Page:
Cedar Posts Or Treated Fence Posts? Which Is Best For You?

When it comes to fencing, there are a lot of different options available, from wooden fences to vinyl fences to metal chain link fences. But when you narrow down choice to wood, you will have to choose between a treated wood and a 4×4 cedar post. While both can make a great fencing option, it is vital that you know the key differences between them.

Treated wood

A treated fence post, as its name suggests, is a type of wooden fence in which chemicals are practically pushed and applied to wood. For many woodworking enthusiasts, this process is also called pressure treating. In this process, chemicals are forced into the wood, so that it can be a bit more resistant against rot, insect damage. This, in turn, will extend the wood’s expectancy as well as maintain its curb appeal.

Pressure treated can be applied to a wide variety of wood, to make it stronger and more desirable. But for the most part, pressure treating is used in pine.

Cedar posts

A 4×4 cedar post is indeed a viable choice, when building posts and fencing. With this option, you get to use fence posts that will last up to fifteen years or even more. Not only is the 4×4 cedar post durable, but it also looks natural and rustic. As time passes by, this woodworking product will fade into an alluring shade of gray or silver, making painting and staining unnecessary.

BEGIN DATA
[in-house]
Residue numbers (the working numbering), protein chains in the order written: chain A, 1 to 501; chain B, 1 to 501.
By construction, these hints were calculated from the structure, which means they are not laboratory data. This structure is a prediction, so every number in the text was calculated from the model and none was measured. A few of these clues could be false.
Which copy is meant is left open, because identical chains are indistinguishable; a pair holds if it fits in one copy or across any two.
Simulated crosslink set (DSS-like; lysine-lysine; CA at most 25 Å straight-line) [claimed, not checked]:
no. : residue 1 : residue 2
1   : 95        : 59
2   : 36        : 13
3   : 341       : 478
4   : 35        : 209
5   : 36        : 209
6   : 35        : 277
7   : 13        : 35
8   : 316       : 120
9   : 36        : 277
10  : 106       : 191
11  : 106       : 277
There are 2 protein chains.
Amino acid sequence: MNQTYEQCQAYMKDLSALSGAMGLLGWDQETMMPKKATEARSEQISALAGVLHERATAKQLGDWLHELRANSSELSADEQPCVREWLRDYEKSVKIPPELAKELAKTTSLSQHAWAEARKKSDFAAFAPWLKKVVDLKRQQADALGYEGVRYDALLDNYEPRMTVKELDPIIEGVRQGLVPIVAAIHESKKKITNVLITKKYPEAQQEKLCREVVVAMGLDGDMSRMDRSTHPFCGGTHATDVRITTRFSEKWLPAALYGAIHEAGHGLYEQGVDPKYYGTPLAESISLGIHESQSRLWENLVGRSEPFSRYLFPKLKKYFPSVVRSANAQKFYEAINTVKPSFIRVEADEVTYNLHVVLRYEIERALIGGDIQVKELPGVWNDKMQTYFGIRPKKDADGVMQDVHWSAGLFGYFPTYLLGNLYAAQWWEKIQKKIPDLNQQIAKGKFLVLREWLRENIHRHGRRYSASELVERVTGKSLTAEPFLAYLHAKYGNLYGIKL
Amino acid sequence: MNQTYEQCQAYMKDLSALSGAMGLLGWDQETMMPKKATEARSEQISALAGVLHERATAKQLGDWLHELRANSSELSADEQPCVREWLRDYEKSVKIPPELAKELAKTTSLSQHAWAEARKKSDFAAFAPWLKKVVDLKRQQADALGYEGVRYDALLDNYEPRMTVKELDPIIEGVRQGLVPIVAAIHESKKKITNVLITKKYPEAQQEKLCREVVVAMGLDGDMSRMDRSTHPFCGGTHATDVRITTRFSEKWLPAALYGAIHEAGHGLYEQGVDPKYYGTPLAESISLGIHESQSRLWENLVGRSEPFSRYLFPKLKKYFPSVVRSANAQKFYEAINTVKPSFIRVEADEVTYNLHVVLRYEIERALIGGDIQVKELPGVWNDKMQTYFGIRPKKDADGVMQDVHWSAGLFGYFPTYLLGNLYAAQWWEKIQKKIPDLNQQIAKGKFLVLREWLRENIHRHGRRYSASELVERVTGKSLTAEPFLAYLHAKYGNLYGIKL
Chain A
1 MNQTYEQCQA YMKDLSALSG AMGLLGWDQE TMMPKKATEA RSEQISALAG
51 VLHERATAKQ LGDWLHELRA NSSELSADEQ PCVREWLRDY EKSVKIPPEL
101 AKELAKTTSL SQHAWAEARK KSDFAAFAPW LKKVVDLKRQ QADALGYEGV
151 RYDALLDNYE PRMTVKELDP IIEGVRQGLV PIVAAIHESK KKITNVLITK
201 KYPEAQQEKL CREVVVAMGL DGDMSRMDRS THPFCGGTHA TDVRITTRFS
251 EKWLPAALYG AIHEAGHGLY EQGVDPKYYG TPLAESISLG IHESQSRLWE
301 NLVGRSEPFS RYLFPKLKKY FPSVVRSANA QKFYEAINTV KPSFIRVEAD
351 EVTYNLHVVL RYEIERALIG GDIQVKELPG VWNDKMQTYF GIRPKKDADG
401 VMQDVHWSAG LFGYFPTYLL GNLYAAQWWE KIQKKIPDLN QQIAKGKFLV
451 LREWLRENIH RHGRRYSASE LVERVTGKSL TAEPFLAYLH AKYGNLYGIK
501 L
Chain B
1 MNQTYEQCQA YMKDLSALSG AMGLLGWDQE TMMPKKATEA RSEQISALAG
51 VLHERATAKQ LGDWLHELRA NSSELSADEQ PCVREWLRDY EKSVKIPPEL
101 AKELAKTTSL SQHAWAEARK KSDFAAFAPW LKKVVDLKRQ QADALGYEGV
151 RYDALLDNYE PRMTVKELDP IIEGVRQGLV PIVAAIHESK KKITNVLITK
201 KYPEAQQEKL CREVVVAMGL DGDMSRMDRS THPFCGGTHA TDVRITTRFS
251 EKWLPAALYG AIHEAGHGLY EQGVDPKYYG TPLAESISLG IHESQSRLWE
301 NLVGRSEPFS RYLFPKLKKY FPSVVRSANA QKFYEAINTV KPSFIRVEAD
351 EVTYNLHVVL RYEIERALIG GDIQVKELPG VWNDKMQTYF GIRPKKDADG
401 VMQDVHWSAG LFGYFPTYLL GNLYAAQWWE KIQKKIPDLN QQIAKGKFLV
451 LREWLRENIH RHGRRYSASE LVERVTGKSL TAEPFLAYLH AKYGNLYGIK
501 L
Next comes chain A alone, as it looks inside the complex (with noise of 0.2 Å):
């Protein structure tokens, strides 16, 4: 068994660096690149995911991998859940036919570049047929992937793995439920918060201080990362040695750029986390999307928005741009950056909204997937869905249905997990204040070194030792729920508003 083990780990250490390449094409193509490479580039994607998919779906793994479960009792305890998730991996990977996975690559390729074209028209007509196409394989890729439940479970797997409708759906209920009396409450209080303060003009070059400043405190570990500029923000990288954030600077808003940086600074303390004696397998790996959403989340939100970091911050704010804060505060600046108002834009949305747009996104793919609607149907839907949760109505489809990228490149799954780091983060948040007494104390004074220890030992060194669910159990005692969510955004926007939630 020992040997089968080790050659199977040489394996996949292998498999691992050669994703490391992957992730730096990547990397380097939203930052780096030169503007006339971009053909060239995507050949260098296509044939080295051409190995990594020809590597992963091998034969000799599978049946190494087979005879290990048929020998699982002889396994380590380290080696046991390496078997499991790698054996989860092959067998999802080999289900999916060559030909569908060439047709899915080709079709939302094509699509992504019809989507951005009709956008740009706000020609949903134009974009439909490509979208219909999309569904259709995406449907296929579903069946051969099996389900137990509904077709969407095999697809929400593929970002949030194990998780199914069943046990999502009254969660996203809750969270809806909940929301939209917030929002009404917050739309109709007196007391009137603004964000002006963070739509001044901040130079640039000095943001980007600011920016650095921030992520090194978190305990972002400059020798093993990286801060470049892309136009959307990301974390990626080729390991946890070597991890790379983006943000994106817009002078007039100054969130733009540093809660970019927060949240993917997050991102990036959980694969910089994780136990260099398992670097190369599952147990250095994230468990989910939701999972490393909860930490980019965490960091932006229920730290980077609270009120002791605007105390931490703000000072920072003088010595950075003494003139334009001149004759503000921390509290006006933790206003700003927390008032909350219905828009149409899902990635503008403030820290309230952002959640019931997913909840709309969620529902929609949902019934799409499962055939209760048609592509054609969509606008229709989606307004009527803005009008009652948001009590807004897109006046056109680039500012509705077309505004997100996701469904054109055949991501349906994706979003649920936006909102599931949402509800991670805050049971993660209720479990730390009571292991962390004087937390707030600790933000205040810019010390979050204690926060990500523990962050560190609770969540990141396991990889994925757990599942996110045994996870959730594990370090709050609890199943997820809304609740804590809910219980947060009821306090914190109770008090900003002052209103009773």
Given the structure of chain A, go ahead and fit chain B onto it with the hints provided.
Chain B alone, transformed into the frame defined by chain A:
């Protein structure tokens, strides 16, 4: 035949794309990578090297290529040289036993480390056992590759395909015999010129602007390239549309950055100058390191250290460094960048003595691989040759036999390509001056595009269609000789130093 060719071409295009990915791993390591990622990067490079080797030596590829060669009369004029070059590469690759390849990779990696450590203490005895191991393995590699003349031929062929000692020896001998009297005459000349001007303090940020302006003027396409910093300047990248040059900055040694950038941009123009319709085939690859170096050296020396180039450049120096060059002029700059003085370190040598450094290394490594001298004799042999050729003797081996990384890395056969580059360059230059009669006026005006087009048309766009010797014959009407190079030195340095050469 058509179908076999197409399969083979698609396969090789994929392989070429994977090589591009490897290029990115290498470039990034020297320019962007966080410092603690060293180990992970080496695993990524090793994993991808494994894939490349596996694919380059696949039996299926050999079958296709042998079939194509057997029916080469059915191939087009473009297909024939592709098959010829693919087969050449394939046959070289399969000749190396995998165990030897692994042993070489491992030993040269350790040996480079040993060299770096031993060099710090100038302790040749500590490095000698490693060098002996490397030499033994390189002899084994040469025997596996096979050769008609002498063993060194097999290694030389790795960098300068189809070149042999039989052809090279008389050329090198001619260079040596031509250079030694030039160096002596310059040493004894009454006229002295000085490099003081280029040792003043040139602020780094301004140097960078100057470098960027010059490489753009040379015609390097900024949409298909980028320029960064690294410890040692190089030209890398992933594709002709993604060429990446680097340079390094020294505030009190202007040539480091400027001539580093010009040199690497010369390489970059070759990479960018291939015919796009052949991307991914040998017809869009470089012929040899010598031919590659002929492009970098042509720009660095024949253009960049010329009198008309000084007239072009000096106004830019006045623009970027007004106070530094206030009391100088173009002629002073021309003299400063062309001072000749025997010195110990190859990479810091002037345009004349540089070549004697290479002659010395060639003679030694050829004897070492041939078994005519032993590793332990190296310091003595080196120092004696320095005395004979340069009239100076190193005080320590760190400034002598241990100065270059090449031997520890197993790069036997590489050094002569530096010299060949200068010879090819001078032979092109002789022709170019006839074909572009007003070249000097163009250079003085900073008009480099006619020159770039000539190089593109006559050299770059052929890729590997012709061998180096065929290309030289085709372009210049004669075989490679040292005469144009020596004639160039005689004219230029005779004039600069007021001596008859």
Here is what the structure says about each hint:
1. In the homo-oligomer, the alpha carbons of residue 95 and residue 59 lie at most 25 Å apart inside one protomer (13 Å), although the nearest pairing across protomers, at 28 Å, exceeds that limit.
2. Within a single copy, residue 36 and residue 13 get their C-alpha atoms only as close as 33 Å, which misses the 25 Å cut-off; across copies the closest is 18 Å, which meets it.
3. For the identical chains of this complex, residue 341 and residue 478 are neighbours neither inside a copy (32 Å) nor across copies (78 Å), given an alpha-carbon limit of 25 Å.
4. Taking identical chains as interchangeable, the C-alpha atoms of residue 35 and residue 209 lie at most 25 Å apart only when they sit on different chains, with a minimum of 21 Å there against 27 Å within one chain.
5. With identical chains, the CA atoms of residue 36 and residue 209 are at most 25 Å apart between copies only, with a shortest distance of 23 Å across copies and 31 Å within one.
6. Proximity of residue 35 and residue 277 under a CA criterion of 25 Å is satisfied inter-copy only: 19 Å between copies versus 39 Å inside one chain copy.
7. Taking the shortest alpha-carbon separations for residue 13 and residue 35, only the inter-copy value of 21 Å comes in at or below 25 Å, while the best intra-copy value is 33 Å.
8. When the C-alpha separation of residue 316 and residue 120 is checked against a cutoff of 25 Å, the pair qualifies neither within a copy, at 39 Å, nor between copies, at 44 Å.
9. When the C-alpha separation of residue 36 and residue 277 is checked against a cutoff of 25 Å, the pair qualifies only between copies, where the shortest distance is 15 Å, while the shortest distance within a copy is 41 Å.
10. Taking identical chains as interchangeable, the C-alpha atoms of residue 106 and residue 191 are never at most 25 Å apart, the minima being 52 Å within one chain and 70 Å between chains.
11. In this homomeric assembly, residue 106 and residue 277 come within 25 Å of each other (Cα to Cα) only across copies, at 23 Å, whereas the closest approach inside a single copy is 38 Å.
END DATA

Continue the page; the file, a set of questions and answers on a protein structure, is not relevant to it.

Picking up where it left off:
Key differences

  • Pressure treated wood does not absorb as much as stain as a cedar post would do. The more transparent and thinner the stain is, the bigger the differences will be. In some cases, a second coating of stain on the pressure treated wood is enough to make it look nice.
  • As far as durability, cedar is by a wide margin better than pressure treated wood
  • Unlike treated wood, cedar does not require chemical treatments or additional staining since it is naturally resilient. But, chemical treatments can still be applied to this wood if desired or needed
  • Both fencing options respond well to nails and screws. However, the chemicals in a treated wood can corrode screws and nails.